Off-peak most subway systems can accommodate significant increases in trips without crowding. On-peak, however, crowding is the more significant marginal cost, particularly now due to COVID. Subway operators try to address crowding by adding trains — which has both costs and benefits as I discuss later.
#2. Low Externalities
The marginal external cost of subways is low too. When you use less energy, you create less negative energy-related externalities. In addition, two-thirds of urban rail systems worldwide are electrified, so are becoming cleaner as electricity becomes less carbon-intensive.
In contrast, the alternatives to subways use more energy and impose additional costs. Private vehicles, ride sharing, and even bus transit all create local pollution, traffic congestion, and accidents.
When economists account for the costs of the alternatives, they’ve concluded that the optimal price for urban rail transit is often negative. The benefits of getting vehicles off the roads are that large. See, in particular, work by Ian Parry and coauthors here and here. Of course, it would not actually make sense to use negative prices because you would invite professional “riders”. But how about zero? Zero has a nice ring to it.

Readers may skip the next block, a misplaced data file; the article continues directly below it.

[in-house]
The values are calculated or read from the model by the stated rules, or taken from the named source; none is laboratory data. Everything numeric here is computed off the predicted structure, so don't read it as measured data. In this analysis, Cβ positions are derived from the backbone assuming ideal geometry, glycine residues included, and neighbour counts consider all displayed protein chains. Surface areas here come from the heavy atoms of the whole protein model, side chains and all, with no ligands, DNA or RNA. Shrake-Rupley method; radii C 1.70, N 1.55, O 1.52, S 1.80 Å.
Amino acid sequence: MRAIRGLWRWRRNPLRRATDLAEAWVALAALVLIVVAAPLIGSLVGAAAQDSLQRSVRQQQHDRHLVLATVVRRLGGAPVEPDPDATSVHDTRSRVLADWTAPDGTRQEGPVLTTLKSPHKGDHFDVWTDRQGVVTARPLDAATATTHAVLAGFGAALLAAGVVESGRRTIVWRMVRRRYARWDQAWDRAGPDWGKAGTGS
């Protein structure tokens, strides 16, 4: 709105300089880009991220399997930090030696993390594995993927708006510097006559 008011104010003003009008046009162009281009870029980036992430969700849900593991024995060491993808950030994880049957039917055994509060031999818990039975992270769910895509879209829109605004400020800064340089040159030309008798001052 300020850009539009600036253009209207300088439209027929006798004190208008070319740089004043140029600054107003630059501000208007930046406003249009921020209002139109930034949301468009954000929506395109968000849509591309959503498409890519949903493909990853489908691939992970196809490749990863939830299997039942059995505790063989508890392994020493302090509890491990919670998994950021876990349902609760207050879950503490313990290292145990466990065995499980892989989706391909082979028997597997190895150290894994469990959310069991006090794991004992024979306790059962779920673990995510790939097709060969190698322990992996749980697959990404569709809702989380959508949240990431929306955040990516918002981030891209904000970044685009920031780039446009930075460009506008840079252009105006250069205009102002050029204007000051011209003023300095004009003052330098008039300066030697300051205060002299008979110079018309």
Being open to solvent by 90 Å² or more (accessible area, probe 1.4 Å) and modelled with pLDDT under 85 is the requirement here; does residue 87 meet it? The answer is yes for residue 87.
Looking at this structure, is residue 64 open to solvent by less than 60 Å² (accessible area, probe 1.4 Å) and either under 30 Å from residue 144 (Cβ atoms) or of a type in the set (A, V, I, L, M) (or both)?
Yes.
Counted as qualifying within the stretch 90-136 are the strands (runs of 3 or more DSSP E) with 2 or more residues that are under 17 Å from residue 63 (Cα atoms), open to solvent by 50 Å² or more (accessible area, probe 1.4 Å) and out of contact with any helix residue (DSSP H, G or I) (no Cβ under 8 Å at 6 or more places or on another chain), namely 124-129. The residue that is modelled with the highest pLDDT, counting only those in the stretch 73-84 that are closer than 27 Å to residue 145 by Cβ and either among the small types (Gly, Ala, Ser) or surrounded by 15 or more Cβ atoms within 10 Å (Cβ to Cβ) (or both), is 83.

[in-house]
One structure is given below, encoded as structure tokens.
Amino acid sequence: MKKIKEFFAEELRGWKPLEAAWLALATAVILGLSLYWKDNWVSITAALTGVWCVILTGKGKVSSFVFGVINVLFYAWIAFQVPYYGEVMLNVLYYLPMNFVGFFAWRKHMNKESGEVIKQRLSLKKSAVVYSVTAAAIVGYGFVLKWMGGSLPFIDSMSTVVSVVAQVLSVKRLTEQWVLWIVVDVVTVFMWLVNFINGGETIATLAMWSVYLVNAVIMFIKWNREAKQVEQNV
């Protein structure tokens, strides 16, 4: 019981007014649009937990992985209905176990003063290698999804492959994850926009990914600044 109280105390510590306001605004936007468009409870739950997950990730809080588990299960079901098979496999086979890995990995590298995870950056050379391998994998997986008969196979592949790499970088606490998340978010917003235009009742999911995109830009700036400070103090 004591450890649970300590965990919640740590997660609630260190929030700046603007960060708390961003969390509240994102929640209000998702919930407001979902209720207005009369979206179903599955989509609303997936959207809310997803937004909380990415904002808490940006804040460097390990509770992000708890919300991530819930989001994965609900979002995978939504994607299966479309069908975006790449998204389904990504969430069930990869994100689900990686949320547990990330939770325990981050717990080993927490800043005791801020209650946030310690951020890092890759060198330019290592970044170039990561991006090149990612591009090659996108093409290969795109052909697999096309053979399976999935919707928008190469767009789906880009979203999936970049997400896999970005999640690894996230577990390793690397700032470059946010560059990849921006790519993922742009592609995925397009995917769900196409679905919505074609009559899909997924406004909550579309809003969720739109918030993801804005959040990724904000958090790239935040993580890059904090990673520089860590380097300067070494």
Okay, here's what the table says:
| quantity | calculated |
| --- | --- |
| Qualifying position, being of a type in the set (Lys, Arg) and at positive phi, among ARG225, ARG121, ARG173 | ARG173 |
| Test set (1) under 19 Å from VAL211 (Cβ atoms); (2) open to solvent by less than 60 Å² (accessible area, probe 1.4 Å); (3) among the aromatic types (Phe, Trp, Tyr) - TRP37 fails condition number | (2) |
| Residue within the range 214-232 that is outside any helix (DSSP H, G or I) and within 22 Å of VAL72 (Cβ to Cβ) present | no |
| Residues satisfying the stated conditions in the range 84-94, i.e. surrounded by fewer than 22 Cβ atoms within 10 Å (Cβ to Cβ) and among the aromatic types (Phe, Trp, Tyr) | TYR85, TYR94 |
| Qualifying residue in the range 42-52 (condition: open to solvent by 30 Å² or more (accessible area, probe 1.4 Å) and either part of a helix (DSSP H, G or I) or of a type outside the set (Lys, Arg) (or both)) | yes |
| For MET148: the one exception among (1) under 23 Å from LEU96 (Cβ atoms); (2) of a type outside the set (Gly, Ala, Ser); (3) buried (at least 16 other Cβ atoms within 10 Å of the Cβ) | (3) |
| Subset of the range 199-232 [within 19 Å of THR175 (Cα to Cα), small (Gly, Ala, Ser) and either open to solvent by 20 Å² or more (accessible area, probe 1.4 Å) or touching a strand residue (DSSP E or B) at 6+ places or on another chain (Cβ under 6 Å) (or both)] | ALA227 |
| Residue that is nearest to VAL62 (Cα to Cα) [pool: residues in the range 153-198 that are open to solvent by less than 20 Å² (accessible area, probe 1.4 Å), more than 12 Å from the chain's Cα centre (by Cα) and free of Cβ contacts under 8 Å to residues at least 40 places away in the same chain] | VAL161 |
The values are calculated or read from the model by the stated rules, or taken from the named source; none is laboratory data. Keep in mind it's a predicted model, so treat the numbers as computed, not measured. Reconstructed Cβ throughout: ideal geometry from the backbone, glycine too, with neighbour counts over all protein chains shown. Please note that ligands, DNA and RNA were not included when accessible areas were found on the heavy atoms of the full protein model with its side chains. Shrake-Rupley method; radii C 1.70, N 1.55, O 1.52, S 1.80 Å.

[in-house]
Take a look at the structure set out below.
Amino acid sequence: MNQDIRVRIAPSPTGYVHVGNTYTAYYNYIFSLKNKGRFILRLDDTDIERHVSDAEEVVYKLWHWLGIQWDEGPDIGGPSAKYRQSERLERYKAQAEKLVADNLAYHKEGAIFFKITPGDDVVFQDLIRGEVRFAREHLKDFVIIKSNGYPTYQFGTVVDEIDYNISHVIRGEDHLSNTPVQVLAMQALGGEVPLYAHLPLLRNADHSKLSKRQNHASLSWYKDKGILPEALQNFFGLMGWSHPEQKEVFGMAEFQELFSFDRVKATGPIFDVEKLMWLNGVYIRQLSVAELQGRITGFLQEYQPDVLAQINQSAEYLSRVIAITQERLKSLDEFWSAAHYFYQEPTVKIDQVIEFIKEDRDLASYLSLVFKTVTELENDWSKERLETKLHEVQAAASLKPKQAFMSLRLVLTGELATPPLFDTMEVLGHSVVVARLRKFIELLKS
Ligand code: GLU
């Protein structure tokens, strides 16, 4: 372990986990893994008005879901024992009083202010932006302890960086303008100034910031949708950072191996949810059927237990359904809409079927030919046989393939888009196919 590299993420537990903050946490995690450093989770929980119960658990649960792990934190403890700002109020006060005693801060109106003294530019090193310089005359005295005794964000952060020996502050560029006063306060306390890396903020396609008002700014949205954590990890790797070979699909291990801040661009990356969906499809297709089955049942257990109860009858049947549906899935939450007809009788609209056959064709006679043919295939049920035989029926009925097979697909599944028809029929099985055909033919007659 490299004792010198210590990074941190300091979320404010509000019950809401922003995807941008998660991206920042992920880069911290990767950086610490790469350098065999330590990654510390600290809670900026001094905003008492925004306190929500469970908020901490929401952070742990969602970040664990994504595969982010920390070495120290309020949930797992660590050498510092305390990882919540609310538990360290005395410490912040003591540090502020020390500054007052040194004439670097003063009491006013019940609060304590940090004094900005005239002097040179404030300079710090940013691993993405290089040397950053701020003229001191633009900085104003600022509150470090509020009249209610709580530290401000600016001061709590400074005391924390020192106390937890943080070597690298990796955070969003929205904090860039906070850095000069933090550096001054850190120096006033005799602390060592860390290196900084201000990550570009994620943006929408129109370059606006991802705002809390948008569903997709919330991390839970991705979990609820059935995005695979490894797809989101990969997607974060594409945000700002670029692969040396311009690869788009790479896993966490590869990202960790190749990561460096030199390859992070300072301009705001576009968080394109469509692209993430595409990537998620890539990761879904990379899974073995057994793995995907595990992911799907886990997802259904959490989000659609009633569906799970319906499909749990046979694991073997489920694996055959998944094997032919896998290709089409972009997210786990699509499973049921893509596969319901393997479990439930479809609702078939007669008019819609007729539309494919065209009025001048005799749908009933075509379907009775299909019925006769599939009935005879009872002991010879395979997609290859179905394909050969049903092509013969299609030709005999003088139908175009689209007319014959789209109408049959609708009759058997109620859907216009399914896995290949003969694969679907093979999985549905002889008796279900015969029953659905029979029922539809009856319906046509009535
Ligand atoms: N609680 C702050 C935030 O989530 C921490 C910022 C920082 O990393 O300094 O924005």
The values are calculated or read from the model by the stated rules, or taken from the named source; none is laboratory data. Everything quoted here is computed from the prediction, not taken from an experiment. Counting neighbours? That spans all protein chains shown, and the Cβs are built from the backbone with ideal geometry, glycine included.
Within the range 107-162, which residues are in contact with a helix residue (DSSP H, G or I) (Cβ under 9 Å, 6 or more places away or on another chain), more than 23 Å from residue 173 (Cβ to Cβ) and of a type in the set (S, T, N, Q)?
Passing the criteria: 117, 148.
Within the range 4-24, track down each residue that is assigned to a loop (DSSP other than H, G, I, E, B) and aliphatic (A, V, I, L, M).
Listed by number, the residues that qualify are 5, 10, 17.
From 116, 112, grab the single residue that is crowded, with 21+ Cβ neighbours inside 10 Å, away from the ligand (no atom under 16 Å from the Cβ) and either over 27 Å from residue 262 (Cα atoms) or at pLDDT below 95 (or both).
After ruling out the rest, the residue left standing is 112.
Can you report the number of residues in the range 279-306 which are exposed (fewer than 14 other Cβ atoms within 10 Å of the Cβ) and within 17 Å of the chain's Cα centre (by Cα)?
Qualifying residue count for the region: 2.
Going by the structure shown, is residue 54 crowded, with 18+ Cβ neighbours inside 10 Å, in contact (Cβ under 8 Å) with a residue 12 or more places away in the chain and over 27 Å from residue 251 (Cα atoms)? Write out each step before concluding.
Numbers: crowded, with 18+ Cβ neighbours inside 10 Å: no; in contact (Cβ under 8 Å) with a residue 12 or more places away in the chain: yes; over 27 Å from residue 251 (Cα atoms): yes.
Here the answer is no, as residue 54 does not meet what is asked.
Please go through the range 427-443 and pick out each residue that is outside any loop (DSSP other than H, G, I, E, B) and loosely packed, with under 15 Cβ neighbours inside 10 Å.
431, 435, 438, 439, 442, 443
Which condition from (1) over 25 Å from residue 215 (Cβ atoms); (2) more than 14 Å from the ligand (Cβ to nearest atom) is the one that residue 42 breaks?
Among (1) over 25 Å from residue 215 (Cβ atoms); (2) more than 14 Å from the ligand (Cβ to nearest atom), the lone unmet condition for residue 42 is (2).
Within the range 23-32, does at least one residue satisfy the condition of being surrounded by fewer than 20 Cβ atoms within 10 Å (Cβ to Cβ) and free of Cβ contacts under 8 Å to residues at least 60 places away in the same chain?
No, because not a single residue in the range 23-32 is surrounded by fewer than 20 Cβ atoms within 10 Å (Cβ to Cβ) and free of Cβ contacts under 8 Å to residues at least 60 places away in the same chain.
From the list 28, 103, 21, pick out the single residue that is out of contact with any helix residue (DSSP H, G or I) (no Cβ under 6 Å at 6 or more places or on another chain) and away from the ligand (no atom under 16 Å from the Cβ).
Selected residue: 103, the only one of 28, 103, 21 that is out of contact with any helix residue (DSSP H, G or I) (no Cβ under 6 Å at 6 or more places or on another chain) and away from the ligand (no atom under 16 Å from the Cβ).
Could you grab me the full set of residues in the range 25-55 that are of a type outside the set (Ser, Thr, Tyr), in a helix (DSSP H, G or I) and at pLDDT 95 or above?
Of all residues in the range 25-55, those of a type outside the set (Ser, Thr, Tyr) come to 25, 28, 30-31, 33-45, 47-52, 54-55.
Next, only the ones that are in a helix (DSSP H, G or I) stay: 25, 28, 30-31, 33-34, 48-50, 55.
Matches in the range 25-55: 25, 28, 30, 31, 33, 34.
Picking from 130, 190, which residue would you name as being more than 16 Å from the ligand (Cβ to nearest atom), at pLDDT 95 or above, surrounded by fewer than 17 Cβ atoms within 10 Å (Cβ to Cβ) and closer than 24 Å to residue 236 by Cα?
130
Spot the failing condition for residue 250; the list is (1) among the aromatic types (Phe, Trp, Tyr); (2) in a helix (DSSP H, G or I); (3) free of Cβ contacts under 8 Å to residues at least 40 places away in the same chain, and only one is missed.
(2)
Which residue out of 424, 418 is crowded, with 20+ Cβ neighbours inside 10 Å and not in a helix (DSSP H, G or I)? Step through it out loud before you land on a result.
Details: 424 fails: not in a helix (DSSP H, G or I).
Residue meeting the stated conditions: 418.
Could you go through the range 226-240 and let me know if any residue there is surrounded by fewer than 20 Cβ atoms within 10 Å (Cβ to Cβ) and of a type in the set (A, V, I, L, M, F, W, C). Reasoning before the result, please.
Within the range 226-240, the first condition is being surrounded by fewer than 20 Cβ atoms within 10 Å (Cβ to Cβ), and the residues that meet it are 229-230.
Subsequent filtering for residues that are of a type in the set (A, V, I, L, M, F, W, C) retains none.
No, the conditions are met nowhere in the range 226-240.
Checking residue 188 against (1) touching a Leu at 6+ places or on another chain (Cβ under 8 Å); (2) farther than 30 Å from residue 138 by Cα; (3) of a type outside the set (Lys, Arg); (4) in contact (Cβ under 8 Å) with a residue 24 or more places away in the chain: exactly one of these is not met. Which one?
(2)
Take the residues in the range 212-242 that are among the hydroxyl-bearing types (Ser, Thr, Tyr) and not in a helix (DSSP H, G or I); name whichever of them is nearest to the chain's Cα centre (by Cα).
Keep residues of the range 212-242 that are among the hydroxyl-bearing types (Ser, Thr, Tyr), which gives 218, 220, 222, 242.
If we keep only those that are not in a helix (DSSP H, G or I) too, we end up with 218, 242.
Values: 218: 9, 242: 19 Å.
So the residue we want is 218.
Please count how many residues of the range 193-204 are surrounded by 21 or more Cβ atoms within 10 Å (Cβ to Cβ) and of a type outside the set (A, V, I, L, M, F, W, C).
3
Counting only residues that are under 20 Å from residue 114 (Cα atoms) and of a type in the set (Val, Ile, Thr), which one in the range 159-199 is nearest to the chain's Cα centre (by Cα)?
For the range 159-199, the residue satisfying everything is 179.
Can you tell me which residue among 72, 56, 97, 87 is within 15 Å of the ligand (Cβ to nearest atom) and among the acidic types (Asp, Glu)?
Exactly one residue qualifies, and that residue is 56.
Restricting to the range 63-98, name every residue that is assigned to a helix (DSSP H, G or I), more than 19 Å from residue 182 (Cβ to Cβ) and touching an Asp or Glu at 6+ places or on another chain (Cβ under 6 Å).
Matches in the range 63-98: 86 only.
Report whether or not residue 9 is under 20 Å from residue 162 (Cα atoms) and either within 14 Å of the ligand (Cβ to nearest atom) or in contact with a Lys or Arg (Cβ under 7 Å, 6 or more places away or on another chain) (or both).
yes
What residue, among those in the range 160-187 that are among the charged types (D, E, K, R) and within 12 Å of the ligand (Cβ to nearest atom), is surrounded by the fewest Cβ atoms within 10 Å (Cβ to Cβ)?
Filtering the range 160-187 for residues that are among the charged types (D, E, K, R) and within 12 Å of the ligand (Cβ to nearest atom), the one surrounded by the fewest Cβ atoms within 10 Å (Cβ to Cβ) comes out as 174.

#3. Operational Efficiencies
I may be overly fixated on these operational efficiencies, but I love the idea that you’d never again need to wait in line to buy a ticket. No annoying turnstiles. No enforcement. It would be particularly nice for visiting other cities. No need to figure out the pricing system, or buy a new card. Just walk in and get on a train.
There would also be significant cost savings for subway operators. I don’t know how much electronic ticket kiosks cost, but they can’t be cheap, and in addition to the capital costs I’m sure they require frequent maintenance and replacement. There would be labor savings too, with fewer employees needed at subway stations.
#4. Redistributive and Stimulus Benefits
It depends on the city, but in many cities it tends to be lower-income, younger people, and more vulnerable groups who ride the subway. This is certainly the case for the three subways I study in Mexico, and has been shown in previous research. Thus in addition to the efficiency gains, making subways free would have positive redistributive benefits.